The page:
Discovery of a new X-ray transient, Swift J175233.9-290952, in the Swift Bulge Survey
ATel #10355; A. Bahramian, C. O. Heinke, A. W. Shaw, J. Strader, J. A. Kennea, G. R. Sivakoff, R. Wijnands, T. J. Maccarone, E. Kuulkers, J. J. M. in't Zand, N. Degenaar
on 6 May 2017; 20:51 UT
Credential Certification: Arash Bahramian (email@example.com)
Subjects: X-ray, Black Hole, Neutron Star, Transient
Referred to by ATel #: 10422
The Swift Bulge Survey is a wide and shallow imaging survey of 16 square degrees of the Galactic Bulge around the Galactic Center, to be performed every other week for 15 epochs (of 60 second exposures) when the Galactic Bulge is visible (ATels #10265, #10273, #10305).
Observations in our most recent epoch, performed on May 4th, 2017, indicated marginal detection of a new faint X-ray source with a count rate of 0.05(-0.02/+0.04) ct/s (in 0.5-10 keV), 1.5 degree away from the Galactic center. A follow up Swift/XRT observation on May 5th (Obs.ID 00010118001, 700 s exposure), showed a clear detection of this source (Swift J175233.9-290952) with a count rate of 0.03(+/-0.01) ct/s.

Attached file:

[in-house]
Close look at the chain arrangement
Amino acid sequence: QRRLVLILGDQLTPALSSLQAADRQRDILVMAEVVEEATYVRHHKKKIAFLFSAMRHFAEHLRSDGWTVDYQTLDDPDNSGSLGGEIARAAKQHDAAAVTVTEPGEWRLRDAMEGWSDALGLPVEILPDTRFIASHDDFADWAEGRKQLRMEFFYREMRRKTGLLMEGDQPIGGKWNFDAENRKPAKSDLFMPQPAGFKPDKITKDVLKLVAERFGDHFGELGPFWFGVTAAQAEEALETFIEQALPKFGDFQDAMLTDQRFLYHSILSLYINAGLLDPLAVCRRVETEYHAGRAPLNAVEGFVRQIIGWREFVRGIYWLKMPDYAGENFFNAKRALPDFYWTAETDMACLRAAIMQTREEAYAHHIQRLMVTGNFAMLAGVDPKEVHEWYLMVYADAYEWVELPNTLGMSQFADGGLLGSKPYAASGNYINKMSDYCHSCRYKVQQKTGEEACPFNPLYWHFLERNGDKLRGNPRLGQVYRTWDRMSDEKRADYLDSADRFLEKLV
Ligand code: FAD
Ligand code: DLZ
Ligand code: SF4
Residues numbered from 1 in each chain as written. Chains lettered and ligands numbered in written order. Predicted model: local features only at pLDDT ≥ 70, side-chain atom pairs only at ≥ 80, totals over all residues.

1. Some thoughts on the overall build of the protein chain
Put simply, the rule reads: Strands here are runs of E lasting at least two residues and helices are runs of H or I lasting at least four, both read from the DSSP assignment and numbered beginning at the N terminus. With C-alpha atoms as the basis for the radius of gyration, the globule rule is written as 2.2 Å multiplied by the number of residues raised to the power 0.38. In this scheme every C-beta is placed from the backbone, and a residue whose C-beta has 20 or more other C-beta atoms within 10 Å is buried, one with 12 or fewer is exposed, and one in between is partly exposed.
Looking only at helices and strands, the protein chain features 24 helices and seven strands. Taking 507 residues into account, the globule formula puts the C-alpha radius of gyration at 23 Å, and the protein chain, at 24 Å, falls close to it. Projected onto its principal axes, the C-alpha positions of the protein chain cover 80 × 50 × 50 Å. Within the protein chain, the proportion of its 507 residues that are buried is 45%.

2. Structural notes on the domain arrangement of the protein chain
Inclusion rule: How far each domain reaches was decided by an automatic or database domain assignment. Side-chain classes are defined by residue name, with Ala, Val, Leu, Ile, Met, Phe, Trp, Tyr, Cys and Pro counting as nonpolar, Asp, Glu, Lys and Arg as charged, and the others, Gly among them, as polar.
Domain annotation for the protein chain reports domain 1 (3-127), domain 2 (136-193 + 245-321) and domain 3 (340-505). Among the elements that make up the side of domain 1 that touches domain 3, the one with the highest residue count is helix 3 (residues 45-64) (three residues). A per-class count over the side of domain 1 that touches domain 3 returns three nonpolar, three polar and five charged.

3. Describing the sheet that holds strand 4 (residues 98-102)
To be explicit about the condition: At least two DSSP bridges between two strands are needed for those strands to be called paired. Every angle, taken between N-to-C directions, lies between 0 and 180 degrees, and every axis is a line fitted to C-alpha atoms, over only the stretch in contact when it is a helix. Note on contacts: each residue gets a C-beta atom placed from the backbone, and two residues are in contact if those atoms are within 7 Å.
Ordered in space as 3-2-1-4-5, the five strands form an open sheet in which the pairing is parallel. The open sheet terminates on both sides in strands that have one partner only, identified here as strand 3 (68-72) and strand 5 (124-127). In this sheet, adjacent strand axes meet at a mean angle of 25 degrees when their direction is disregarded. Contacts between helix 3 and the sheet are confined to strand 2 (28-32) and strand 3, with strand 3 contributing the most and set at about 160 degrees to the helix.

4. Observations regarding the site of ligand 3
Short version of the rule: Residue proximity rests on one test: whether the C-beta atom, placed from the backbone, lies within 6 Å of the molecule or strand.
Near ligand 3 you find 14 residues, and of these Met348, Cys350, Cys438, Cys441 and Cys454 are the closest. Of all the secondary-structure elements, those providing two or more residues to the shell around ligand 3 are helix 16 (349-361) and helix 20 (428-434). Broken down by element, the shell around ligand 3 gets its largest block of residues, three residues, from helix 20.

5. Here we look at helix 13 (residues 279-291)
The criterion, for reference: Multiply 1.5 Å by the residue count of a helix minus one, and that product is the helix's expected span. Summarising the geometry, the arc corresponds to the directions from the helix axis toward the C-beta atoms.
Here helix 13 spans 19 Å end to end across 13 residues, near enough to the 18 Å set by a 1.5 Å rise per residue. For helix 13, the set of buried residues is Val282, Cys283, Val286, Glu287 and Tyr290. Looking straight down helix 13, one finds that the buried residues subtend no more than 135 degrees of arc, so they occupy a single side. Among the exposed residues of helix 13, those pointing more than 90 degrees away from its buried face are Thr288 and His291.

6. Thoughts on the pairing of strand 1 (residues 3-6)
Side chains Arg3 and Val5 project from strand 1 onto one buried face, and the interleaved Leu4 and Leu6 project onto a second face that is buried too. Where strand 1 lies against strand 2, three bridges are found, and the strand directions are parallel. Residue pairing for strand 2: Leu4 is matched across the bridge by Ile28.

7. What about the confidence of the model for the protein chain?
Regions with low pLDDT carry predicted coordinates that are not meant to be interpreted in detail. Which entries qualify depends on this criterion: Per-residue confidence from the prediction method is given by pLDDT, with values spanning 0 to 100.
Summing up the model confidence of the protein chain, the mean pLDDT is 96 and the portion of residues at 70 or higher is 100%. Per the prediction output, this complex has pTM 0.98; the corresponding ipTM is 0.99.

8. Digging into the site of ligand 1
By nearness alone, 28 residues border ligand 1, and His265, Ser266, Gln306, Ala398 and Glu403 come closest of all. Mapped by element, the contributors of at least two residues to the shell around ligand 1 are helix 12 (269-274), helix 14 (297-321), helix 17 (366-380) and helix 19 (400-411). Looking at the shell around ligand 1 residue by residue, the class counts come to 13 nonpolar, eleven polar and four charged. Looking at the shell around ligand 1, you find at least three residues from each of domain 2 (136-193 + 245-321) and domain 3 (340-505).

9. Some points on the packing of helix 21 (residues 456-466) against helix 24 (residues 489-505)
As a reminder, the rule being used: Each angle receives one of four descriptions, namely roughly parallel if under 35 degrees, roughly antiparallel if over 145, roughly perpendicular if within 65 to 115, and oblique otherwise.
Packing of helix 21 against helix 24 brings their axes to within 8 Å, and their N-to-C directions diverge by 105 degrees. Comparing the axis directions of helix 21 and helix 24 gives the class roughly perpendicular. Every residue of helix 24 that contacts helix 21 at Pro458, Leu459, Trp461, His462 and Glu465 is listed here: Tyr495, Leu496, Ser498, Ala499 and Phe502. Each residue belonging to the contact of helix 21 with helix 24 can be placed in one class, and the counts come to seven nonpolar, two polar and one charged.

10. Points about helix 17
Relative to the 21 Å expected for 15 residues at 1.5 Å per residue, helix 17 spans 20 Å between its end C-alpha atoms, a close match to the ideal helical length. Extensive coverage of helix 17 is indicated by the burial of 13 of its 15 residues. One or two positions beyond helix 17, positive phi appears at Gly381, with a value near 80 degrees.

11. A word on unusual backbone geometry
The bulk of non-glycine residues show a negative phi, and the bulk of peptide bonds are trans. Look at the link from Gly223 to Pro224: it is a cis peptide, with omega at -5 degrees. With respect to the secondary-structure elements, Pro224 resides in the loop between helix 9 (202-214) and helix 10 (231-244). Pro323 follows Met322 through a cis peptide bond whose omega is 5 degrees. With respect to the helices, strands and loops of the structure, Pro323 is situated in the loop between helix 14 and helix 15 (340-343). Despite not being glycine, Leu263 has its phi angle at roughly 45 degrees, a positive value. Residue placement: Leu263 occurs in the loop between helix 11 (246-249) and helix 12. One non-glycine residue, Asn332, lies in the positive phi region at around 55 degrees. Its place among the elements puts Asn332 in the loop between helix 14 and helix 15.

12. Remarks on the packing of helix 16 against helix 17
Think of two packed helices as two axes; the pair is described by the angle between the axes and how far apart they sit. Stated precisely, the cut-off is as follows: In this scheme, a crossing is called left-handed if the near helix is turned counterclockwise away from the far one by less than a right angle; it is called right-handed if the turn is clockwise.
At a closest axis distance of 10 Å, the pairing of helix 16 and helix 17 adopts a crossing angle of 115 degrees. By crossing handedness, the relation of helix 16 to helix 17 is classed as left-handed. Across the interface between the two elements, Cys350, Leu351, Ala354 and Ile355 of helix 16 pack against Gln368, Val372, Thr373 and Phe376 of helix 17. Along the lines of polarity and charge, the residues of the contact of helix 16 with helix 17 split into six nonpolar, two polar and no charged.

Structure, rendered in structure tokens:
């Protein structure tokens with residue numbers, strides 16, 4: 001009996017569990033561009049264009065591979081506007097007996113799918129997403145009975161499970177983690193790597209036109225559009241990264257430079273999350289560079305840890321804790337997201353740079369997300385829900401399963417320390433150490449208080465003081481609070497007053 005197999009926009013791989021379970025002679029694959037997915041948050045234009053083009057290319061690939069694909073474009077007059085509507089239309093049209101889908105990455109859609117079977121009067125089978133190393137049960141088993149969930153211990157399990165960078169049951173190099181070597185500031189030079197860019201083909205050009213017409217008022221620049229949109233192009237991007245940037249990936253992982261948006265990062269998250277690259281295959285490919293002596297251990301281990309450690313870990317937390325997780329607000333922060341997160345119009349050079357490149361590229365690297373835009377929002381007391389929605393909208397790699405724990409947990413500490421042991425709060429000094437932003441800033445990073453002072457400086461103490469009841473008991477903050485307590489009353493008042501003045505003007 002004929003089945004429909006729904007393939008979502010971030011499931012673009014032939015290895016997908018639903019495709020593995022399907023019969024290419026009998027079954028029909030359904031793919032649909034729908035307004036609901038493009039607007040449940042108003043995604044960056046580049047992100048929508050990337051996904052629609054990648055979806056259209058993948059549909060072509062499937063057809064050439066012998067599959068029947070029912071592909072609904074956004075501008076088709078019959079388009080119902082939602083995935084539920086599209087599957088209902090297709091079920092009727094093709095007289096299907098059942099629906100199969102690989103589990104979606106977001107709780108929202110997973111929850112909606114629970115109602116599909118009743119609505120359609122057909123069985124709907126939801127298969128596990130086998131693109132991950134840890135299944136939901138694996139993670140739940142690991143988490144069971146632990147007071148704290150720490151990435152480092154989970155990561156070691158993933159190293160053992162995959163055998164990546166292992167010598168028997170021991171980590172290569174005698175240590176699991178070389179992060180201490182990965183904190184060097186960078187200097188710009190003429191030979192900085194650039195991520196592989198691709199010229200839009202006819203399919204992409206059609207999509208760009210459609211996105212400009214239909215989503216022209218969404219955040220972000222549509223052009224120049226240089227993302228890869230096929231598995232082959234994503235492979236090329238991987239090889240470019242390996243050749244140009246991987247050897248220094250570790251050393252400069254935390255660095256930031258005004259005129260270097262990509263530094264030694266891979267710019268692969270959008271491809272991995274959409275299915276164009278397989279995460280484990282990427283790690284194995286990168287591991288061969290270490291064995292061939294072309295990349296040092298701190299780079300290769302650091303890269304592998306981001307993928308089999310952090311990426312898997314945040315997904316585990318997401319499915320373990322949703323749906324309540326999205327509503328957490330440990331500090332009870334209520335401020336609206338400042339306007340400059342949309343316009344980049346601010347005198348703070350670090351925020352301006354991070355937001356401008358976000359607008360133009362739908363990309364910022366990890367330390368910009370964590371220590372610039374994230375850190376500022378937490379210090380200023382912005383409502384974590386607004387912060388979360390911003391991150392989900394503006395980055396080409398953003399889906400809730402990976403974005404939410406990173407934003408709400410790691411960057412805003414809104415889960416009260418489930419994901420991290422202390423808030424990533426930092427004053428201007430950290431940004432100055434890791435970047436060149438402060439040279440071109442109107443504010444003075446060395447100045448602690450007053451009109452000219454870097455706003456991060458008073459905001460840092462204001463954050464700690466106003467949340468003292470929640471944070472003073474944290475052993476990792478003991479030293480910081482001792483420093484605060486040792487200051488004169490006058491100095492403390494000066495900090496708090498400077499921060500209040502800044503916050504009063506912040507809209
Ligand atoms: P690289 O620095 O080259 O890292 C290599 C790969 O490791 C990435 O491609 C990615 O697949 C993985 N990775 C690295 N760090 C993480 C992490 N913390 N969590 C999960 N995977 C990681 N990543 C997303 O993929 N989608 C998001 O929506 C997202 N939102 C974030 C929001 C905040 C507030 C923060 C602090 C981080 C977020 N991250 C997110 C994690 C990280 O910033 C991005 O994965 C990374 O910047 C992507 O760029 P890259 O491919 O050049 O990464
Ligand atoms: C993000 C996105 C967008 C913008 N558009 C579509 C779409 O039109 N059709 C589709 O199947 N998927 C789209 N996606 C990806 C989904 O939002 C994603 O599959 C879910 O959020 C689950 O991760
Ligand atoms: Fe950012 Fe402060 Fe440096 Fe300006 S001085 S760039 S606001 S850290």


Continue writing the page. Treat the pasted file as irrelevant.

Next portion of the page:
Using the online Swift/XRT products tool yields coordinates of the source as:
with a radial uncertainty of 4.6 arcsec (90% confidence). There are no previously known X-ray sources in the error circle.
We extracted a spectrum from the follow up observation and performed spectral fitting using Xspec. We assumed Wilms et al. (2000, ApJ 542, 914) abundances, Verner et al. (1996, ApJ 465, 487) cross-sections, and used C-statistics (Cash 1979, ApJ 228, 939) for analysis. Fitting the spectrum with an absorbed power-law indicates an NH of < 1.7e22 cm^2, photon index < 1.4 and an unabsorbed flux of 4.4(-2.0/+3.3)e-12 erg/s/cm2 in the 0.5-10 keV band. Assuming a distance of 8 kpc, this flux corresponds to an X-ray luminosity of ~3e34 erg/s. Given the faint nature of the source, results of our analysis here are merely suggestive and parameters are not tightly constrained.
The closest source detected in the UVOT image is 10" away, suggesting that Swift J175233.9-290952 is not a nearby CV. Investigating previous Chandra observations covering this region, we find two 2 ks Chandra GBS observations (e.g., Jonker et al., 2011, ApJS 194, 18) performed on May 13th and 14th, 2008. These observations provide an upper limit of 6.4e-4 ct/s on the count rate (0.5-10 keV), corresponding to an unabsorbed flux upper limit of 1.4e-14 erg/s/cm2, demonstrating the source brightness has increased by a factor of > 300 since the Chandra observation in 2008, and that the source is a transient.
Further multi-wavelength follow up observations are planned and encouraged. We have requested more Swift observations, and will trigger NIR imaging with Gemini. We thank the Swift team for their support of these observations, which are ongoing.